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First author Nathalia Quiroz Molinares, PhD visited the Valera Lab in the Fall of 2019 as a Fulbright scholar to work on her dissertation under the mentorship of Dr. Valera. In addition, she collaborated with Annie-Lori Joseph, a doctoral student and lab research coordinator, and Annie was also included in helping publish the study.
Intimate Partner Violence–Related Brain Injury Among Colombian Women
The aim of this study was to assess the prevalence of brain injury (BI) and its relationship to cognitive and psychological outcomes in women survivors of intimate partner violence (IPV) in Colombia, South America.
Women’s shelters and organizations in Barranquilla, Colombia.
Seventy women from the city of Barranquilla, Colombia, who experienced any form of IPV.
Participants were administered the computerized EMBRACED neuropsychological battery to assess learning, working and long-term memory, cognitive flexibility, and processing speed. Participants also completed measures of psychological symptoms. Partner violence severity was assessed with a semistructured interview for survivors of domestic violence. Presence and severity of IPV-related BI were assessed using the Brain Injury Severity Assessment (BISA).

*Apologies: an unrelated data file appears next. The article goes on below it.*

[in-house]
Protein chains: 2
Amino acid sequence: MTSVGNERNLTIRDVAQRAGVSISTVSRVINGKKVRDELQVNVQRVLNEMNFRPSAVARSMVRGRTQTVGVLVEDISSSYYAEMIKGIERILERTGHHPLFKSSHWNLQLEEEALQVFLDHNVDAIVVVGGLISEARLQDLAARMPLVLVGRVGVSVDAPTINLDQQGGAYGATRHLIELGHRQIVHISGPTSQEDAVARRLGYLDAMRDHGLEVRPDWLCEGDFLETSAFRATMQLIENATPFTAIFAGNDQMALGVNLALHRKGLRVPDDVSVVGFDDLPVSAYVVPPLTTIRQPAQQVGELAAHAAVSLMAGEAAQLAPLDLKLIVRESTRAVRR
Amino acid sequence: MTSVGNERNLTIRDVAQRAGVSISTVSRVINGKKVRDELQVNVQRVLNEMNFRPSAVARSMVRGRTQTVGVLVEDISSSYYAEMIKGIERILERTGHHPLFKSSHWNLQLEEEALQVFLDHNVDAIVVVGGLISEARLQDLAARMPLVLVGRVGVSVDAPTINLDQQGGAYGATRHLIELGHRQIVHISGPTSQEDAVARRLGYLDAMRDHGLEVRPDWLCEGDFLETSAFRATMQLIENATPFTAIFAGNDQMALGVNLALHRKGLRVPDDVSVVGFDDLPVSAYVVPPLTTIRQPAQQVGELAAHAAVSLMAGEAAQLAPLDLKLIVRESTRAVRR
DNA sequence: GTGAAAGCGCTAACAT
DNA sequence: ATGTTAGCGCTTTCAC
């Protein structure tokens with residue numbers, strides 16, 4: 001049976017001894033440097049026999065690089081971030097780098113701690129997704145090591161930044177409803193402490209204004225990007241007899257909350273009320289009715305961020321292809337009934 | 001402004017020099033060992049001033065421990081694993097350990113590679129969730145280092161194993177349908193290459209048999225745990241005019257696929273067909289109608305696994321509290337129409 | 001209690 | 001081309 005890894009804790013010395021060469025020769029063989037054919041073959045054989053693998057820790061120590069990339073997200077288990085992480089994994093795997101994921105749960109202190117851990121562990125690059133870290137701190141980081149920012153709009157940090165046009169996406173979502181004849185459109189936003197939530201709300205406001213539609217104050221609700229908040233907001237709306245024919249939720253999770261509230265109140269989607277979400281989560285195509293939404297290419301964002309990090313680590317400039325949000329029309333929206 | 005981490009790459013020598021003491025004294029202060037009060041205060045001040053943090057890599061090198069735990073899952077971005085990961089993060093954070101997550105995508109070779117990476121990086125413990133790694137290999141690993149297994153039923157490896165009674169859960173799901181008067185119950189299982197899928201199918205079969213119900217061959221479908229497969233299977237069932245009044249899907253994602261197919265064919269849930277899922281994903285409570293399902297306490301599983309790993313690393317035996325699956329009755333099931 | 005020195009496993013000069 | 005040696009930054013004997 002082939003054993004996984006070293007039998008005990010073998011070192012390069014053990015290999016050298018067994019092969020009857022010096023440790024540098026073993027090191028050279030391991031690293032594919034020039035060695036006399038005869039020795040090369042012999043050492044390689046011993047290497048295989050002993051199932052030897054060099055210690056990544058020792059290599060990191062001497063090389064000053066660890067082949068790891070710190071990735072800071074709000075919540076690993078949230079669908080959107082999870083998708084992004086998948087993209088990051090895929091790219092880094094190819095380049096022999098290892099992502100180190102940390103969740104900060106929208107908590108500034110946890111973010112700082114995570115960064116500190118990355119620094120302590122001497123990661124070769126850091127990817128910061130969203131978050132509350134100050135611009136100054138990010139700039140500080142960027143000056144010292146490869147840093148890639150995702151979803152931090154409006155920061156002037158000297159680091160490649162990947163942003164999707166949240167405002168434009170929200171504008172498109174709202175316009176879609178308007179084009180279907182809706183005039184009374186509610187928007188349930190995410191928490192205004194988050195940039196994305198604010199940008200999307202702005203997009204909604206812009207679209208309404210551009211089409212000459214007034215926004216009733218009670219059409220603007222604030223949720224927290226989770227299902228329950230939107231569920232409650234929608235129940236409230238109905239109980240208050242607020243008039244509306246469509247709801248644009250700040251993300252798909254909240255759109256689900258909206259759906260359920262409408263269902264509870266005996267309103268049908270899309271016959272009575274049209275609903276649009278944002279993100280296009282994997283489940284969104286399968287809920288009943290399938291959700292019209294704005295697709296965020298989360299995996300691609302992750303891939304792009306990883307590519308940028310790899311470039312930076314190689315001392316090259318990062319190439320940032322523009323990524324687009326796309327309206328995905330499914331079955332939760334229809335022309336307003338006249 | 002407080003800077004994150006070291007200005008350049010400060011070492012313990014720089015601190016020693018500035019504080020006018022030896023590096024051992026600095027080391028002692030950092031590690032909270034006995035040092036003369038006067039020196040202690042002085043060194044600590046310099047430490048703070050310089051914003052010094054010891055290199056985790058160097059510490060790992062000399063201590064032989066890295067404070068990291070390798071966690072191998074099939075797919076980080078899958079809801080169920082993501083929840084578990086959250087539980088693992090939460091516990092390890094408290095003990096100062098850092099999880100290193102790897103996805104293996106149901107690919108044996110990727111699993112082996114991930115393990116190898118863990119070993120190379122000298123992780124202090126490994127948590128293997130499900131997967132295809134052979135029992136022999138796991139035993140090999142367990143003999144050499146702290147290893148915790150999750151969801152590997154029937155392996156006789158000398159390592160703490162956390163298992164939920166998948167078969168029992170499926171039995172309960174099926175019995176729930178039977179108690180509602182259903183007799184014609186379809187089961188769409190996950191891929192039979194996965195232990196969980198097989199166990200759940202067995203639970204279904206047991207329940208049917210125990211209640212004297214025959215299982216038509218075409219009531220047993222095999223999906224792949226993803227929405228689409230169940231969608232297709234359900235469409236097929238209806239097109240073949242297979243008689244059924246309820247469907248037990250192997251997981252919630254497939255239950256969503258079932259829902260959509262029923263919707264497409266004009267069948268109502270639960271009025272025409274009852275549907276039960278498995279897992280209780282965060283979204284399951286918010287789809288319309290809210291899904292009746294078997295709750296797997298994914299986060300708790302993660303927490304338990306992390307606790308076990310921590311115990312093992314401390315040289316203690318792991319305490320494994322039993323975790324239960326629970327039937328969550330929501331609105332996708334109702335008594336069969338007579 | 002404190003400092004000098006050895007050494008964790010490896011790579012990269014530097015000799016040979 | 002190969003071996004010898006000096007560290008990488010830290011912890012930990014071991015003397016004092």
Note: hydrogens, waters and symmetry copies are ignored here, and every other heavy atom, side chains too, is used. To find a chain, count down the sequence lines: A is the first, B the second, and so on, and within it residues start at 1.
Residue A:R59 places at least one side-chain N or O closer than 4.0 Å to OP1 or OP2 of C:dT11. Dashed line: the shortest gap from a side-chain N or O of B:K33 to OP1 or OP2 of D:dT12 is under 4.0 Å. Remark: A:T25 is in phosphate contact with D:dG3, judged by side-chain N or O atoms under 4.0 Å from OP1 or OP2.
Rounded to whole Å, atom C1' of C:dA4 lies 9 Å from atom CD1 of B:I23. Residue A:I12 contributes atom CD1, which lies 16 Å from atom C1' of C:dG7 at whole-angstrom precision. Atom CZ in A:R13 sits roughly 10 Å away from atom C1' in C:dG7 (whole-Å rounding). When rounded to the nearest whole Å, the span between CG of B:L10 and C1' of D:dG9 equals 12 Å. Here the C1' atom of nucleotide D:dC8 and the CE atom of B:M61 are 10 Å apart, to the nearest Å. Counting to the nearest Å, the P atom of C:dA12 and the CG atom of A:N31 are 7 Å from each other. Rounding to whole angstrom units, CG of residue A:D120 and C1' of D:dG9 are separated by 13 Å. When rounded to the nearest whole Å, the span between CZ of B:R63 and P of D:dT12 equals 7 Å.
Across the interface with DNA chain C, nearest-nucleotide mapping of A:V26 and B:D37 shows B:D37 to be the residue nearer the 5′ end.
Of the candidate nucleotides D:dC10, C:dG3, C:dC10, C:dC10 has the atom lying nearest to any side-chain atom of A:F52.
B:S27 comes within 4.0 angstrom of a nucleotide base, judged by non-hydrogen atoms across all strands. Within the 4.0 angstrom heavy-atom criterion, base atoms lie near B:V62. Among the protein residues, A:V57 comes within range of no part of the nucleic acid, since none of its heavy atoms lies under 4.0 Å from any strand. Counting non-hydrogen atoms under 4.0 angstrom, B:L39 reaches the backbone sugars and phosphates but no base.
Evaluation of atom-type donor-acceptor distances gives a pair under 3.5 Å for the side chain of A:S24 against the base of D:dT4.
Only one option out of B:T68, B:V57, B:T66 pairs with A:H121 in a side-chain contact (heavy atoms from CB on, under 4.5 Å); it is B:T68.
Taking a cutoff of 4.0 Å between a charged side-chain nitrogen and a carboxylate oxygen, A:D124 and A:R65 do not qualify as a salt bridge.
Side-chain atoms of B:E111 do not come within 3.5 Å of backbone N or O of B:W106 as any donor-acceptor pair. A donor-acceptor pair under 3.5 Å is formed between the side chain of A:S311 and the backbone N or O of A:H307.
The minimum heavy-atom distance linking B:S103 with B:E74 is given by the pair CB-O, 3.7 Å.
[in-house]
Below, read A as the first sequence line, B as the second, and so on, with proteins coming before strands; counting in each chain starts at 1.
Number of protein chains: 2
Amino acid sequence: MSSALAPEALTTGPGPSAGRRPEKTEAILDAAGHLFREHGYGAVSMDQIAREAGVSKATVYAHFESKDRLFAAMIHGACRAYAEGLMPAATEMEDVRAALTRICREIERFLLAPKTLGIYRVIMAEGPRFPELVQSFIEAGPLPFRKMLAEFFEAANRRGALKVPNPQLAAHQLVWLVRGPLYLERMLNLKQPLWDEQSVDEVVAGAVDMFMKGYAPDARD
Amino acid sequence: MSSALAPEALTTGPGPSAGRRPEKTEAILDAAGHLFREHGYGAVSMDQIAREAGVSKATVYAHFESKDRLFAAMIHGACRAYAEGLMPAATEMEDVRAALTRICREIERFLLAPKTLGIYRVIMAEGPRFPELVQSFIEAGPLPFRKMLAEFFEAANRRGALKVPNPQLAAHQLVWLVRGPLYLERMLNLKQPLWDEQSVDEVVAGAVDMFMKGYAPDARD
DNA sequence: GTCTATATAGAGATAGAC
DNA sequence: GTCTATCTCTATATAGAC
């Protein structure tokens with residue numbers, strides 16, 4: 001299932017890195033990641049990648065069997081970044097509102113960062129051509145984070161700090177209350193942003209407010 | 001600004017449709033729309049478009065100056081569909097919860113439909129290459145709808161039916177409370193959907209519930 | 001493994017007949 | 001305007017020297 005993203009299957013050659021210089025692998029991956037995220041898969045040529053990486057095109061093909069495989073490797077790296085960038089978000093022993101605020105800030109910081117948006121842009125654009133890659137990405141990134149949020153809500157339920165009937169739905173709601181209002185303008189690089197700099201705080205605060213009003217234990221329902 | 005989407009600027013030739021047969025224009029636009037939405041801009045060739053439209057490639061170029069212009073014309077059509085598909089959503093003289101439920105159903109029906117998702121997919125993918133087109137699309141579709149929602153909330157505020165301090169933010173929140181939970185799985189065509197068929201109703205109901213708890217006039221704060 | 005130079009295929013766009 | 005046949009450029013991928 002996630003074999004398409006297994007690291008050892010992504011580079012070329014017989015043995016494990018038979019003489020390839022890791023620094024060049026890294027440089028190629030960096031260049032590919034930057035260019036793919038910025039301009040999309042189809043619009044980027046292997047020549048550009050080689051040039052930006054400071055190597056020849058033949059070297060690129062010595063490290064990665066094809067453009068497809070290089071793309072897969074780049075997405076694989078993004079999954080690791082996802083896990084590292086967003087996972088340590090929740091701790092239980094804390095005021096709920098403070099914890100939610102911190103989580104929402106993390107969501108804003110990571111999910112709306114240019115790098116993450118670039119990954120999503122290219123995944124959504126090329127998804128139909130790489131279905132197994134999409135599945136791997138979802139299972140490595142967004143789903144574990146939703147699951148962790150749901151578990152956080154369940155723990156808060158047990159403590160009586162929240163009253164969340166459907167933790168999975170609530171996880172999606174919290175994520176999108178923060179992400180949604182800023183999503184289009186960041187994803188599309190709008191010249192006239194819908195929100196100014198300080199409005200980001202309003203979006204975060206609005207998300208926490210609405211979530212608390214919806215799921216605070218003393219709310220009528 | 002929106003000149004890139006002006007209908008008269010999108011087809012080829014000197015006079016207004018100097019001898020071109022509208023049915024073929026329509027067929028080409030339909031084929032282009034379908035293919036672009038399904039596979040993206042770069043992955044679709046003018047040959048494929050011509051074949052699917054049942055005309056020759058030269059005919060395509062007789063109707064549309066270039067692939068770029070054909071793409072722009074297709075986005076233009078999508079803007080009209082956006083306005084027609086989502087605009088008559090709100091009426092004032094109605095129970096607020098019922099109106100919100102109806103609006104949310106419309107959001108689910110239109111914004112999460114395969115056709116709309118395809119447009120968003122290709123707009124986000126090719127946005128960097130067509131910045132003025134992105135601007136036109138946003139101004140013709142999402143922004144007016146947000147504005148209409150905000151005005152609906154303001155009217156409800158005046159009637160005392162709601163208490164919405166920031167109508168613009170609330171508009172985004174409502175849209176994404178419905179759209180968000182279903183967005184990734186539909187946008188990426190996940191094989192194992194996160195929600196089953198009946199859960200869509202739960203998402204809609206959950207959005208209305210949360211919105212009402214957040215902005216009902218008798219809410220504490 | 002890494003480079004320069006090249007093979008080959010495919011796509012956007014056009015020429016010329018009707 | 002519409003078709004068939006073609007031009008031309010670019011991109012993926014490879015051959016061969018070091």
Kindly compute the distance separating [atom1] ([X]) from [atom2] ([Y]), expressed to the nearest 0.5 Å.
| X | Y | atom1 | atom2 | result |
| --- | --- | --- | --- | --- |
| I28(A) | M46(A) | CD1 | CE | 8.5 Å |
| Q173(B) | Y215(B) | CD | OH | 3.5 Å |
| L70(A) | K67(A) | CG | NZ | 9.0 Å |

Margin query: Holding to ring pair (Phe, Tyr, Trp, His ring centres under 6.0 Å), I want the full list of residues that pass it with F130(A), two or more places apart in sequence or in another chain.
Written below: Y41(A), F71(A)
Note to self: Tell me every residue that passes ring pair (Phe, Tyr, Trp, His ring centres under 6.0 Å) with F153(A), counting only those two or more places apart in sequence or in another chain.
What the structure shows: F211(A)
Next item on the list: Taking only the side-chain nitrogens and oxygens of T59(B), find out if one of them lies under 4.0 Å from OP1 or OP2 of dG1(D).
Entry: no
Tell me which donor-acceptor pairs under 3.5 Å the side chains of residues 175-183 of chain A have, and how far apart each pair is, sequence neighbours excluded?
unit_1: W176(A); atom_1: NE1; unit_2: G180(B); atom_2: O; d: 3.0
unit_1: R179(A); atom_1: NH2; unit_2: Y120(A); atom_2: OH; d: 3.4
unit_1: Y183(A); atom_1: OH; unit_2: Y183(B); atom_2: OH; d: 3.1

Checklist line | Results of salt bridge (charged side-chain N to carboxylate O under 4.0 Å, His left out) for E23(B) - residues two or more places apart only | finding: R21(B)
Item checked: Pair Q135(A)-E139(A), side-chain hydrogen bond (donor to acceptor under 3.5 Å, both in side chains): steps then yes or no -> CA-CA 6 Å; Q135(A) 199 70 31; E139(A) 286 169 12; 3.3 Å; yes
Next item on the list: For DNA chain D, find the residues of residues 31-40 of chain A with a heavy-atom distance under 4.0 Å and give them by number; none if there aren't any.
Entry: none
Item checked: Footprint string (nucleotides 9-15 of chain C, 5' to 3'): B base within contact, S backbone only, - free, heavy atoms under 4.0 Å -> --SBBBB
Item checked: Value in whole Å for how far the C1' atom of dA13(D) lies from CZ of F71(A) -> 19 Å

Thirty-one percent of women sustained at least one BI during an abusive relationship, and 10% sustained repetitive BIs. Furthermore, BI was negatively associated with measures of long-term and working memory, cognitive flexibility, as well as a trending (P = .05) positive association with depression. With the exception of the relationship between BI and cognitive flexibility, which was substantially reduced and no longer significant, all of these relationships were nearly identical in strength when controlling for abuse severity, socioeconomic status, and educational level.
These data are the first to specifically examine IPV-related BI in relation to cognitive and psychological functioning in a sample of Colombian women. These data add cross-cultural knowledge to the limited work in this area that has largely focused on women in North America.